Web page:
1.1 Overview Photometric Calibration

This section gives a quick summary of how photometric calibration can be achieved in Astro-WISE. Hyperlinks refer to more detailed how-tos on the photometric calibration.

Photometric calibration in AstroWise is done by comparing the counts in standard stars on images to their magnitudes as listed in a reference catalog of standard star present in AstroWise. The final result is a PhotometricParameters object which contains photometric information such as zeropoint and extinction. This object can then be used to photometrically calibrate your ReducedScienceFrames. A PhotometricParameters is obtained via the following steps:

STEP 1.
The starting point is a single observation of a standard star field which has been debiased and flatfielded, (i.e., a ReducedScienceFrame object) and for which an astrometric solution has been derived (i.e., an AstrometricParameters object exists).

STEP 2.
Create a Photometric Source Catalog, a PhotSrcCatalog object, which crossmatches standard stars listed in a Photometric Reference Catalog (a PhotRefCatalog object) with stars on the ReducedScienceFrame observation. An example command from the awe-prompt using a standard recipe is:

awe> r_in = ['Sci-GVERDOES-WFI-------#844-ccd53-Red---Sci-53751.6824560.fits',
     ...'Sci-GVERDOES-WFI-------#843-ccd53-Red---Sci-54066.0858679-efd5fec21b47bd7bf1f5dab473b463fc54f70bd9.fits']
awe> task = PhotcatTask(instrument = 'WFI',red_filenames = r_in, 
     ...transform=1,inspect=1,commit=0)
awe> task.execute()
red_filenames is a list of the filenames of the ReducedScienceFrames of the standard star observations. transform=1 ensures that differences between the passbands of the instrument and the standard photometric system are accounted for. inspect=1 means a plot will be created to inspect the resulting crossmatch (default inspect=0). commit=1 ensures the result is saved in the AstroWise database (default commit=0). The above command uses default settings for process parameters such as the standard stars to use and the configuration of the source extraction algorithm. Please read HOW-TO Photometric Source Catalog for more details. Please read Photometric Reference Catalog and Extinction Curve how to select a subset of the Photometric Reference Catalog or how to define your own Photometric Reference Catalog.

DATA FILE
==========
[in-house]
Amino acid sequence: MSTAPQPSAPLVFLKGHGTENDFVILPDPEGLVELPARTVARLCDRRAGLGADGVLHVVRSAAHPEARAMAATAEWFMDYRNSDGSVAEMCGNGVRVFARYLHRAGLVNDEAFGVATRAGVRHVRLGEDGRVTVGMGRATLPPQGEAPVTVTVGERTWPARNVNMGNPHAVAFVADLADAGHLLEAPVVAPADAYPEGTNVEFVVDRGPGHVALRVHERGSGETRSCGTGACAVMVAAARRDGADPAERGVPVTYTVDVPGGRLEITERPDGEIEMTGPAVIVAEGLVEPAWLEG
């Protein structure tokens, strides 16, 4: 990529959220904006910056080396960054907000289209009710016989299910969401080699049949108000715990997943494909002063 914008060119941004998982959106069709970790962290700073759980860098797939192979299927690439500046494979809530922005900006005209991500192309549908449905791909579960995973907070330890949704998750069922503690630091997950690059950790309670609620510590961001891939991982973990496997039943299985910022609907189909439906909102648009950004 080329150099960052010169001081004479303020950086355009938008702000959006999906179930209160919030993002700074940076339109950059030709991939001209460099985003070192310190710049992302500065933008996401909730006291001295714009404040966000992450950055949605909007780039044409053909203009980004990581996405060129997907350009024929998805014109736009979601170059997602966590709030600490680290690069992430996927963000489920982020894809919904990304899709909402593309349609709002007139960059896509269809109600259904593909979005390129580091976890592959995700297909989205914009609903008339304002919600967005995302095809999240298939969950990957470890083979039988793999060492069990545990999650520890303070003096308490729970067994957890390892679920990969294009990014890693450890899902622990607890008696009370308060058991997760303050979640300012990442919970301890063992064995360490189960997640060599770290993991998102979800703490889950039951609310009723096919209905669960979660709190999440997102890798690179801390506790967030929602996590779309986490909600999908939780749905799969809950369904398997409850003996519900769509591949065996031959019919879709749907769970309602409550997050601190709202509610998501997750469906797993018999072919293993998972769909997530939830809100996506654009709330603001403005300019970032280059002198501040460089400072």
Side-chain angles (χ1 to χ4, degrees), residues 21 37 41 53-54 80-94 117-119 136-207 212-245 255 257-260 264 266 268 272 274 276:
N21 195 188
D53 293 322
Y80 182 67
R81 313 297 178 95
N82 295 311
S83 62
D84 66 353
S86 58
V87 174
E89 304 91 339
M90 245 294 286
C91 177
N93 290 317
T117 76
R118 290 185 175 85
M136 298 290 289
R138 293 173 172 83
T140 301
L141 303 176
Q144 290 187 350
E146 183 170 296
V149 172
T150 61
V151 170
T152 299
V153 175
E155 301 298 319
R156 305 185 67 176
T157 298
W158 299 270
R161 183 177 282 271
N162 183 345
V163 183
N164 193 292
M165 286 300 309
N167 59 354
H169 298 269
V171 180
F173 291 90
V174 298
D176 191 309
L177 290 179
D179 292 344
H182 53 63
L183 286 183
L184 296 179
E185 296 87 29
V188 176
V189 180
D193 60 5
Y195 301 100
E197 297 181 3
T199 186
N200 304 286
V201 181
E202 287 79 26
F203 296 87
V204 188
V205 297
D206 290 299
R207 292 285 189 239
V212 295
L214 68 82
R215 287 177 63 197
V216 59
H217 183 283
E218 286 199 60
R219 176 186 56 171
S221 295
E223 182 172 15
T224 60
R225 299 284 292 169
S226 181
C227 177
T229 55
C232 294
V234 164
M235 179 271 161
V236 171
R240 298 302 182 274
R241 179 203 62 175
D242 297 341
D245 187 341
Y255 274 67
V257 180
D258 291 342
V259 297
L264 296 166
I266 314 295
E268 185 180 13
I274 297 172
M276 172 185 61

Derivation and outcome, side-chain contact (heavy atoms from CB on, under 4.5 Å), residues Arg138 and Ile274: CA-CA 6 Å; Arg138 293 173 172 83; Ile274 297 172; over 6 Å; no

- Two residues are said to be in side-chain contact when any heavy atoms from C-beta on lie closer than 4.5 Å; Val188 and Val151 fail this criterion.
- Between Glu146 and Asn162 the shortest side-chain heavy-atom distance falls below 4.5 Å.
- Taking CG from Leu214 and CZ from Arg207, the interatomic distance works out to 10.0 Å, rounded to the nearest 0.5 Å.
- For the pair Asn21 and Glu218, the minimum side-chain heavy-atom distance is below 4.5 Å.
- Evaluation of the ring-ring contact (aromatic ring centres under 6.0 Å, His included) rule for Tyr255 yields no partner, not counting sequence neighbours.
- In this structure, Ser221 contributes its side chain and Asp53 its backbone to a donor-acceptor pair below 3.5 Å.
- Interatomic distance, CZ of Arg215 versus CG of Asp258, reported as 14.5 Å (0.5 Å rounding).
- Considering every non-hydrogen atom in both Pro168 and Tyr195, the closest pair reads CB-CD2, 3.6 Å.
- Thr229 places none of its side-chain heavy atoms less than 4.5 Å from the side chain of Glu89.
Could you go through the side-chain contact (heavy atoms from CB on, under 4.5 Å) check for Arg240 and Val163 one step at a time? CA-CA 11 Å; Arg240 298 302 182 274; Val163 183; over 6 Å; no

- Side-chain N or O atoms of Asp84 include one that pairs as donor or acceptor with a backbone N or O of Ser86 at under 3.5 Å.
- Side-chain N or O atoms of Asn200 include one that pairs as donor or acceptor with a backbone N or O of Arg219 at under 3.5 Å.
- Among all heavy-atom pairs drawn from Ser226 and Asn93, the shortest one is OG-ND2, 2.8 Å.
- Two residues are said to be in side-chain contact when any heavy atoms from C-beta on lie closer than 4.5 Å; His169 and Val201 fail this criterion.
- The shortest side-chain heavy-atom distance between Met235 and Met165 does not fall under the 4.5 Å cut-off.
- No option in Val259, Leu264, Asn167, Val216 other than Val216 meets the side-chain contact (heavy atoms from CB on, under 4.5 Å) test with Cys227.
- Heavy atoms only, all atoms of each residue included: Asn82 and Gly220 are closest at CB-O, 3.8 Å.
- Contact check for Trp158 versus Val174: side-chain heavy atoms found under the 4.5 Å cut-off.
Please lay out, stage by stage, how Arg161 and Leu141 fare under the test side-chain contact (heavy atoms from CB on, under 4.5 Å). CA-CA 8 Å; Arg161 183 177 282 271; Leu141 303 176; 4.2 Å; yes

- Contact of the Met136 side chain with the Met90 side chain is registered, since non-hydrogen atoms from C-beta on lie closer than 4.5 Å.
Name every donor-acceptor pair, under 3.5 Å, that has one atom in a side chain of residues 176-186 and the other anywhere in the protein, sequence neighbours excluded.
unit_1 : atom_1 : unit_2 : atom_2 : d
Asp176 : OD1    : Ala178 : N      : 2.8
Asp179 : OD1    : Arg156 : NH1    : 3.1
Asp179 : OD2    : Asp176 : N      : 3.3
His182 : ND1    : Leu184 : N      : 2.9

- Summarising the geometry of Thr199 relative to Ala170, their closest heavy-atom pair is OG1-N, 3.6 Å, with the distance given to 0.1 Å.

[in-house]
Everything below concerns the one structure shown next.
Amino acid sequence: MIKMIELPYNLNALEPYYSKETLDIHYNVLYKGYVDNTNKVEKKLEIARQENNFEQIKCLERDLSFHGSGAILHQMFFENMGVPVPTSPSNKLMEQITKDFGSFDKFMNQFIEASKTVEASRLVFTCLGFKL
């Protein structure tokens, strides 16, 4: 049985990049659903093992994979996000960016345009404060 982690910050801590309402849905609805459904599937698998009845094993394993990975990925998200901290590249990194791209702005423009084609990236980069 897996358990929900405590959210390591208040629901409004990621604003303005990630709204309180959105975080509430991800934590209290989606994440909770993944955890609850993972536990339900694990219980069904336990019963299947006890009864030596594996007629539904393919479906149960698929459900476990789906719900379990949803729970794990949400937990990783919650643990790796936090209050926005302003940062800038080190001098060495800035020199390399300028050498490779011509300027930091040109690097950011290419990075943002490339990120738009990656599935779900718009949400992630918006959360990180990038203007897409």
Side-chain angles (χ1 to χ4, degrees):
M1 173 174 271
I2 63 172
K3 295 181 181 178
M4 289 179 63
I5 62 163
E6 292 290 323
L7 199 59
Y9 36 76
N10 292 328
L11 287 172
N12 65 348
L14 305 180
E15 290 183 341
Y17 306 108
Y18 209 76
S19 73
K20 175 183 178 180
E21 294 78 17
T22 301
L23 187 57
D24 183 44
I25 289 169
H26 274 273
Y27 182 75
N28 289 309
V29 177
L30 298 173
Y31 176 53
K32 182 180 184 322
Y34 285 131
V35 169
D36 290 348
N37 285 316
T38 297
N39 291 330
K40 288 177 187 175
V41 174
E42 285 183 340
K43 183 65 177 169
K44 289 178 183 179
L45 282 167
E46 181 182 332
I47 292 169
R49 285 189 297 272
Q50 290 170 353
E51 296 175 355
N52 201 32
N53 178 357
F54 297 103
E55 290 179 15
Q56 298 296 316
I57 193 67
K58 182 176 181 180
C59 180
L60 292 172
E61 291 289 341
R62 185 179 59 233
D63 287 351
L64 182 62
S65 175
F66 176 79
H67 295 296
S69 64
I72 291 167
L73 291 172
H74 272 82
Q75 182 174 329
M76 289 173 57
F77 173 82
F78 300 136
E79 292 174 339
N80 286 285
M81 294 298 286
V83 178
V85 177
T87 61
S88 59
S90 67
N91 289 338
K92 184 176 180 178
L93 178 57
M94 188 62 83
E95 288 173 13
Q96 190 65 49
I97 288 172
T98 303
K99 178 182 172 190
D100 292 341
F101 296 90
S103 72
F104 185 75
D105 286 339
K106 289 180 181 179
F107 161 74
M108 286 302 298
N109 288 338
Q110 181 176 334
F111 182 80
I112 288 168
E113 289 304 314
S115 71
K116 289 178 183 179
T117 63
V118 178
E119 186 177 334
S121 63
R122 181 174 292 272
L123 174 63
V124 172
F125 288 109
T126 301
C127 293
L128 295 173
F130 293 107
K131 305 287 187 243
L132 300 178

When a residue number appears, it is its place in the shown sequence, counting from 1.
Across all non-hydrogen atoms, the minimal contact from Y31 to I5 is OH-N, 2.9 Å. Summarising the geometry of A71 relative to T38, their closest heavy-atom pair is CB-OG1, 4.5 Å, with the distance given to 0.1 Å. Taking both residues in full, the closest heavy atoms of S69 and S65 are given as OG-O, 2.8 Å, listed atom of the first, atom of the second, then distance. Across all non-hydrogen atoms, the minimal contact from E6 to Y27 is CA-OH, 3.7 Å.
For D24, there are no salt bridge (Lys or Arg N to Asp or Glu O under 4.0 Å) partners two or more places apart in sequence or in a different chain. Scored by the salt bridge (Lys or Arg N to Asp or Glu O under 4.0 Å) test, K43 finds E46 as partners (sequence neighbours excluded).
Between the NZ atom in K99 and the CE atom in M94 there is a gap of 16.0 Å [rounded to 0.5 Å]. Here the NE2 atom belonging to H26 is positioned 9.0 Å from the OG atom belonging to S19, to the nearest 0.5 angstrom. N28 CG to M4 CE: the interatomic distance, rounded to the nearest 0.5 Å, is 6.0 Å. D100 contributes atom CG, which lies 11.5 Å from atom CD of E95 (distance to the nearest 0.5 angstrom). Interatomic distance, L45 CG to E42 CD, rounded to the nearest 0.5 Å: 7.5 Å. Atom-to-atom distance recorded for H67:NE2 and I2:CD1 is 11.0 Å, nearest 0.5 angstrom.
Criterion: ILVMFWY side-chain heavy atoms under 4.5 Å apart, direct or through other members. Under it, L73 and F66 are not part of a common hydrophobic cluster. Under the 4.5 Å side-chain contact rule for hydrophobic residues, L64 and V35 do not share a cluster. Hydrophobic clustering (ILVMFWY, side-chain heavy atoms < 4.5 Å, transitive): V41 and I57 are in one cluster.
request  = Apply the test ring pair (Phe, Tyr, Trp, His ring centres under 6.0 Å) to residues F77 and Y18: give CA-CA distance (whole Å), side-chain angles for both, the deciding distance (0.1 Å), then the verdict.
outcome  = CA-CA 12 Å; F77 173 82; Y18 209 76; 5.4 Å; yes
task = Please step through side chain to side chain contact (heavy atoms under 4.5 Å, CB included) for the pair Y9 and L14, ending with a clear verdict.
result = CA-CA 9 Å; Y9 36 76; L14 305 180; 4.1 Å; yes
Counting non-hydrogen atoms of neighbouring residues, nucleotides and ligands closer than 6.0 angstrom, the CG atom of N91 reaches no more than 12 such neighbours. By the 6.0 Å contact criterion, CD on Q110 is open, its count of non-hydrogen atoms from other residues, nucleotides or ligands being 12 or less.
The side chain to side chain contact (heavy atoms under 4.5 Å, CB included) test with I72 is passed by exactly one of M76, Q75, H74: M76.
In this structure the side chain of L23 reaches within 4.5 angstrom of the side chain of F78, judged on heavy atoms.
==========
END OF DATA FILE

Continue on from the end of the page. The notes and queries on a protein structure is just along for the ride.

STEP 3.
Create a Photometric Parameters Catalog, a PhotometricParameters object, which contains photometric parameters, such as zeropoint and exintction. An example command from the awe-prompt using a standard recipe is:

awe> r_in = ['Sci-GVERDOES-WFI-------#844-ccd53-Red---Sci-53751.6824560.fits',
     ...'Sci-GVERDOES-WFI-------#843-ccd53-Red---Sci-54066.0858679-efd5fec21b47bd7bf1f5dab473b463fc54f70bd9.fits']
awe> task = PhotomTask(instrument = 'WFI', red_filenames = r_in,
     ... sigclip=3.5, inspect=1, commit=0)
where red_filenames, inspect and commit have the same meaning as for the Photometric Source Catalog. sigclip=3.5 removes individual standard star measurements which differ by more than 3.5 standard deviations from the median from the calculation of the zeropoint. The above command uses default settings of process parameters and a default atmospheric extinction correction. Please read Extinction and Zeropoint section for the various ways to make your own atmospheric extinction correction and details for deriving a Photometric Parameters Catalog.

Upon completion of these steps ReducedScienceFrames which contain your scientific targets can be photometrically calibrated using the PhotometricParameters object. Upon making a RegriddedFrame out of a ReducedScienceFrame the most recent valid PhotometricParameters is used by default to photometrically calibrate the ReducedScienceFrame resulting in a RegriddedFrame.

For certain instruments scattered light (and potentially other effects) cause varations in the illumination as a function of location on the CCD. Determining this illumination variation requires an appropriate set of dithered standard star observations. If such a set is available, a correction for the illumination variation can be determined using a standard recipe from the awe-prompt , for example :

awe> task = IlluminationVerifyTask(raw='WFI.1999-06-18T06:02:14.059',
     ... commit=0)
awe> task.execute()
where raw is the rootname of the set of RawScienceFrames of a single pointing (e.g., rootname WFI.1999-06-18T06:02:14.059 for the filenames WFI.1999-06-18T06:02:14.059_(1...8).fits of the 8 RawScienceFrames which make up a WFI imaging plane). commit=1 ensures the result is saved in the AstroWise database (default commit=0). This correction can then converted into an illumination flat which in turn can be applied to your RawScienceFrames to create ReducedScienceFrames corrected for illumination variations. An example command from the awe-prompt to create an illumination flat using a standard recipe:
   
awe> task = IlluminationTask(date='1999-06-17', chip='ccd54',
     ... filter='#844', instrument='WFI', commit=0)
awe> task.execute()
where date is the date when the observing night started, chip is the name of the chip for which the correction needs to be determined, filter its filter name. commit=1 ensures the result is saved in the AstroWise database (default commit=0). Please read HOW-TO Illumination Correction for details on deriving and applying an illumination correction.

page generated Tue Apr 4 14:29:41 CEST 2017